Chemical reform debate is on!

The newly introduced “Safe Chemicals Act of 2010” by Senator Frank Lautenberg (D-NJ), which aims to overhaul the Toxic Substances Control Act (TSCA) of 1976 was the biggest news in the chemical industry yesterday.

Senator Lautenberg chairs the Senate Subcommittee on Superfund, Toxics and Environmental Health. Here are the highlights of the bill:

  • Provides EPA with sufficient information to judge a chemical’s safety. Requires manufacturers to develop and submit a minimum data set for each chemical they produce, while also preventing duplicative or unnecessary testing. EPA will have full authority to request additional information needed to determine the safety of a chemical.
  • Prioritizes chemicals based on risk. Calls on the EPA to categorize chemicals based on risk, and focus resources on evaluating those most likely to cause harm.
  • Ensures safety threshold is met for all chemicals on the market. Places the burden of proof on chemical manufacturers to prove the safety of their chemicals. All uses must be identified and determined safe for the chemical to enter the market or continue to be used.
  • Takes fast action to address highest risk chemicals. Requires EPA to take fast action to reduce risk from chemicals that have already been proven dangerous. In addition, the EPA Administrator is given authority to act quickly if any chemical poses an imminent hazard.
  • Creates open access to reliable chemical information. Establishes a public database to catalog the information submitted by chemical manufacturers and the EPA’s safety determinations. The EPA will impose requirements to ensure the information collected is reliable.
  • Promotes innovation and development of green chemistry. Establishes grant programs and research centers to foster the development of safe chemical alternatives, and brings some new chemicals onto the market using an expedited review process.

The burden of safety testing of all chemicals will now be under chemical producers instead of the EPA, said Lautenberg. The new bill will give EPA more power to regulate the use of considered dangerous chemicals and require manufacturers to submit information proving the safety of every chemical in production and any new chemical seeking to enter the market.

Various trade groups ranging from chemicals to downstream consumer products agree that it is time to overhaul TSCA but they also expressed their concerns in allowing states to adopt their own “regulations” concerning chemicals in commerce under the pre-emption provision, as well as the type of standards being proposed for EPA’s decision-making process. (Check out ICIS News article for more on this topic — this one has free access).

Here is one response from the American Chemistry Council (ACC):

A coalition of public health and environmental groups also put out a statement supporting the bill but pointing out some of the areas that need revisions:

  • Allow hundreds of new chemicals to enter the market and be used in products for many years without first requiring them to be shown to be safe.
  • Not provide clear authority for EPA to immediately restrict production and use of the most dangerous chemicals, even persistent, bioaccumulative, and toxic (PBT) chemicals, which already have been extensively studied and are restricted by governments around the world.
  • Not require EPA to adopt the National Academy of Sciences’ recommendations to incorporate the best and latest science when determining the safety of chemicals, although the Senate bill does call on EPA to consider those recommendations.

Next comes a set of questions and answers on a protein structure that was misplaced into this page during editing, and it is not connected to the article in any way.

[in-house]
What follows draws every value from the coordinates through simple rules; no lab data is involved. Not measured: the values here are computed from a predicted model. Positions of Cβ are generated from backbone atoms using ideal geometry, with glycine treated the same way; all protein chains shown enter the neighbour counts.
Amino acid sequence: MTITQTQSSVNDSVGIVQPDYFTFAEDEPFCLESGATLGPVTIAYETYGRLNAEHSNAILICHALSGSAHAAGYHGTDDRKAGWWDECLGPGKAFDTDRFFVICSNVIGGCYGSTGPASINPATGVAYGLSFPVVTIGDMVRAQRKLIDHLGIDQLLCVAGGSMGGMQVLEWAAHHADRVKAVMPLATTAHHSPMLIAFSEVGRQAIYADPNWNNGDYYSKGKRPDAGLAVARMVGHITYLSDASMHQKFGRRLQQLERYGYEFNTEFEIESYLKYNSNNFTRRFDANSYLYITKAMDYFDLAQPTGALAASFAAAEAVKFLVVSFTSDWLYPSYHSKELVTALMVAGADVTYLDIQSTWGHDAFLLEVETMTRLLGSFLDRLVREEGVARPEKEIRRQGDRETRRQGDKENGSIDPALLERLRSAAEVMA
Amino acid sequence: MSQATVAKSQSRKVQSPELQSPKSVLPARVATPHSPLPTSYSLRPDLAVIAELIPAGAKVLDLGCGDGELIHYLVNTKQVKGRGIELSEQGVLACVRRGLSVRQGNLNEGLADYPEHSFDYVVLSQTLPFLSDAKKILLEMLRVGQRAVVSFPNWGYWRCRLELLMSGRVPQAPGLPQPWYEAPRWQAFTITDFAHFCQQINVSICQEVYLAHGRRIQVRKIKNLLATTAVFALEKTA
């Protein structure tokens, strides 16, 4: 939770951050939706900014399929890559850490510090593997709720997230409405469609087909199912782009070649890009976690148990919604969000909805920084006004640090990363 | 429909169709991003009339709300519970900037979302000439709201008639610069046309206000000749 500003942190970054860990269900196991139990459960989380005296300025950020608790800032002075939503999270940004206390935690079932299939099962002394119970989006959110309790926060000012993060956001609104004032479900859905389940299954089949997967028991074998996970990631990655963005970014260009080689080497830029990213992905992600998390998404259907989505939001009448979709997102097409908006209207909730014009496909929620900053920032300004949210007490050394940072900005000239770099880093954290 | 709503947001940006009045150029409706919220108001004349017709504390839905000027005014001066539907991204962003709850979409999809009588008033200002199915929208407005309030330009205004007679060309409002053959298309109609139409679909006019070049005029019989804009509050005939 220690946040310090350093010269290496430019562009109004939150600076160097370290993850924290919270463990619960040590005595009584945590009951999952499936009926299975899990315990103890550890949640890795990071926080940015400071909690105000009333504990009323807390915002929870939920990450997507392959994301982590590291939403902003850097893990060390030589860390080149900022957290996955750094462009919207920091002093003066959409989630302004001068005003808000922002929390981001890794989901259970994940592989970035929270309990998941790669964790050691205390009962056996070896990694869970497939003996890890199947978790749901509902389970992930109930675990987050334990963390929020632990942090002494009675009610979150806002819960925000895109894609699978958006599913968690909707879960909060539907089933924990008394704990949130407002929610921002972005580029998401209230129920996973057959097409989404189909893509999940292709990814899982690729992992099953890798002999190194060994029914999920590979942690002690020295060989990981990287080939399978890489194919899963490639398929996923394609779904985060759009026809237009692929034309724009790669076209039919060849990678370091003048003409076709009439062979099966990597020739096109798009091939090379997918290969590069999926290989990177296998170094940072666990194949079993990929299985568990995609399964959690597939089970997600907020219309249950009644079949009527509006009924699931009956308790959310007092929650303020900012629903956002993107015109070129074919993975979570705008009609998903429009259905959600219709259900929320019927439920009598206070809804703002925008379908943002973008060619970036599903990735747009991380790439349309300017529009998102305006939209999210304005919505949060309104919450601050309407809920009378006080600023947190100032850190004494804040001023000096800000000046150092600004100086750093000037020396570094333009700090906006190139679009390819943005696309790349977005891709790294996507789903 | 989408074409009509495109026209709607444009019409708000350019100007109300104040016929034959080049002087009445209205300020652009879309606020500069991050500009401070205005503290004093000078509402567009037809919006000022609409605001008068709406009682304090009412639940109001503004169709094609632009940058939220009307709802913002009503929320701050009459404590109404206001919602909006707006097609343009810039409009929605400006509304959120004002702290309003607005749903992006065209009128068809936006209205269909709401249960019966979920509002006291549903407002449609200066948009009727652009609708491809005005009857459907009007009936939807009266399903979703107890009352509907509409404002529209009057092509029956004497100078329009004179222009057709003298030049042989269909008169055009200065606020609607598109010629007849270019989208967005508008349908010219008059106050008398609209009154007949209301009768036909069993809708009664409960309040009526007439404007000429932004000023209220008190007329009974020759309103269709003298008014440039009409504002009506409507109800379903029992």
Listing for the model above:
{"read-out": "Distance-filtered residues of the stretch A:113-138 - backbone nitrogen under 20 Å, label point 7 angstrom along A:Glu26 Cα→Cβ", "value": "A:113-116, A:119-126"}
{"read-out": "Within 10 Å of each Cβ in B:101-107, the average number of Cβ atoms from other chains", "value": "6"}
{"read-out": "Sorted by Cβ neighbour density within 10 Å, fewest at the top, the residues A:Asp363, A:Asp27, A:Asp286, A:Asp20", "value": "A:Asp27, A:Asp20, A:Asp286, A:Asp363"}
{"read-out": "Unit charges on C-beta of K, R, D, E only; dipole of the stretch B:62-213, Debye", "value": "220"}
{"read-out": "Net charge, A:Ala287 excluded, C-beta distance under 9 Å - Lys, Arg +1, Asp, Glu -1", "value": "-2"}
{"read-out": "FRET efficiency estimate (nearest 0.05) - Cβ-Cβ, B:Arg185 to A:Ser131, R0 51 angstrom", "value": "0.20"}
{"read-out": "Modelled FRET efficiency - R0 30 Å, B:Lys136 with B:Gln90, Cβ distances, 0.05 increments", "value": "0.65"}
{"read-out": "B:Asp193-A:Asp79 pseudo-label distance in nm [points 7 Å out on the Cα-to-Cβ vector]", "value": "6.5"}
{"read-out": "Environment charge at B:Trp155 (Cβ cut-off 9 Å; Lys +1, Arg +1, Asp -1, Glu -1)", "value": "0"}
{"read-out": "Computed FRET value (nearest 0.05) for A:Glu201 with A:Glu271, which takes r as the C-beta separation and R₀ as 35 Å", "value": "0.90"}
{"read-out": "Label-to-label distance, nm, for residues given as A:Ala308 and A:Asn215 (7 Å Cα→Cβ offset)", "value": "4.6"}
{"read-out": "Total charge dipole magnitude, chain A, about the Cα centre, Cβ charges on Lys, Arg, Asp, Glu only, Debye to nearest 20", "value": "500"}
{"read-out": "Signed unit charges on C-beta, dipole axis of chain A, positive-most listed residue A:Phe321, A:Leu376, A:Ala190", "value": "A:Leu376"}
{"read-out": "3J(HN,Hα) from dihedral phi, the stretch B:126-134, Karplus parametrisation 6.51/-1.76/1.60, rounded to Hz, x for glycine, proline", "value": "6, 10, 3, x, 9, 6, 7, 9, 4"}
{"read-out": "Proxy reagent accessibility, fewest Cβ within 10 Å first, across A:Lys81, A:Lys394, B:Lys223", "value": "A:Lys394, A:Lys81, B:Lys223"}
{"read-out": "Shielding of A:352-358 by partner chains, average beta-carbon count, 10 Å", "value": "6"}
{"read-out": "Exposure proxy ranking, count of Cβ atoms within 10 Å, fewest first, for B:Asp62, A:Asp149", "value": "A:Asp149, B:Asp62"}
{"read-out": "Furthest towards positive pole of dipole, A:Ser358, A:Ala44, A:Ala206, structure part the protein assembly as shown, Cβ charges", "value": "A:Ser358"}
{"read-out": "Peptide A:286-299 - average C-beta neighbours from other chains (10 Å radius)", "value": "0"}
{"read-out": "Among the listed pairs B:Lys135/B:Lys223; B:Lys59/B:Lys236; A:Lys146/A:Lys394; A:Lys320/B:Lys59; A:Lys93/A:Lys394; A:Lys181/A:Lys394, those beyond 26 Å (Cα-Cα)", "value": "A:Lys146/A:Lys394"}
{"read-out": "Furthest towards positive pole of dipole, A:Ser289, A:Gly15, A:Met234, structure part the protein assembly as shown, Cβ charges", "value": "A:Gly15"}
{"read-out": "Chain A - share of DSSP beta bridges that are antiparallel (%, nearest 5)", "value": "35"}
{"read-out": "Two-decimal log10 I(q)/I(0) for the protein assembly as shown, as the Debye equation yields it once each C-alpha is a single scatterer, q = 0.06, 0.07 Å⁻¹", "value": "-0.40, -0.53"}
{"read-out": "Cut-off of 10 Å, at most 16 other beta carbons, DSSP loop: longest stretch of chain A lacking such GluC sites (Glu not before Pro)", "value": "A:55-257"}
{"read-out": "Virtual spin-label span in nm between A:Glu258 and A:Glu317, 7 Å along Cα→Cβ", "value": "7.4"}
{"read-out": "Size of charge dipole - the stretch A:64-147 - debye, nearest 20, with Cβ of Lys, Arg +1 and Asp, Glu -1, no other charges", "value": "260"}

Both sides are now watching closely (and probably camping out in DC) on how the final bill will come out from both House and Senate. Exciting times eh?





2 Responses to Chemical reform debate is on!

  1. Rihana 16 April, 2010 at 6:03 pm #

    Making industrial chemicals safer is something we can all get behind. If we want safer chemicals and a safer environment then we must use nonanimal methods of testing.

    Currently, many toxicity tests are based on experiments in animals and use methods that were developed as long ago as the 1930’s; they and are slow, inaccurate, open to uncertainty and manipulation, and do not adequately protect human health. These tests take anywhere from months to years, and tens of thousands to millions of dollars to perform. More importantly, the current testing paradigm has a poor record in predicting effects in humans and an even poorer record in leading to actual regulation of dangerous chemicals.

    The blueprint for development and implementation for nonanimal testing is the National Research Council report, “Toxicity Testing in the 21st Century: A Vision and a Strategy in 2007.” This report calls for a shift away from the use of animals in toxicity testing. The report also concludes that human cell- and computer-based approaches are the best way to protect human health because they allow us to understand more quickly and accurately the varied effects that chemicals can have on different groups of people. They are also more affordable and more humane.

    These methods are ideal for assessing the real world scenarios such as mixtures of chemicals, which have proven problematic using animal-based test methods. And, they’re the only way we can assess all chemicals on the market.

  2. Bob Cunningham 5 May, 2010 at 5:46 pm #

    Being involved primarily in the plastics, coatings, and adhesives industry, I would suggest some more sensible registration criteria for chemicals such as high molecular weight condensation polymers (polyesters, polyurethanes, polyethers, epoxies, etc.) These “chemical species” are subject to the same rules as potentially biologically active monomers and drug intermediates when in point of fact their only hazardous form would be if molded into a club and used to beat sense into the regulatory agencies.

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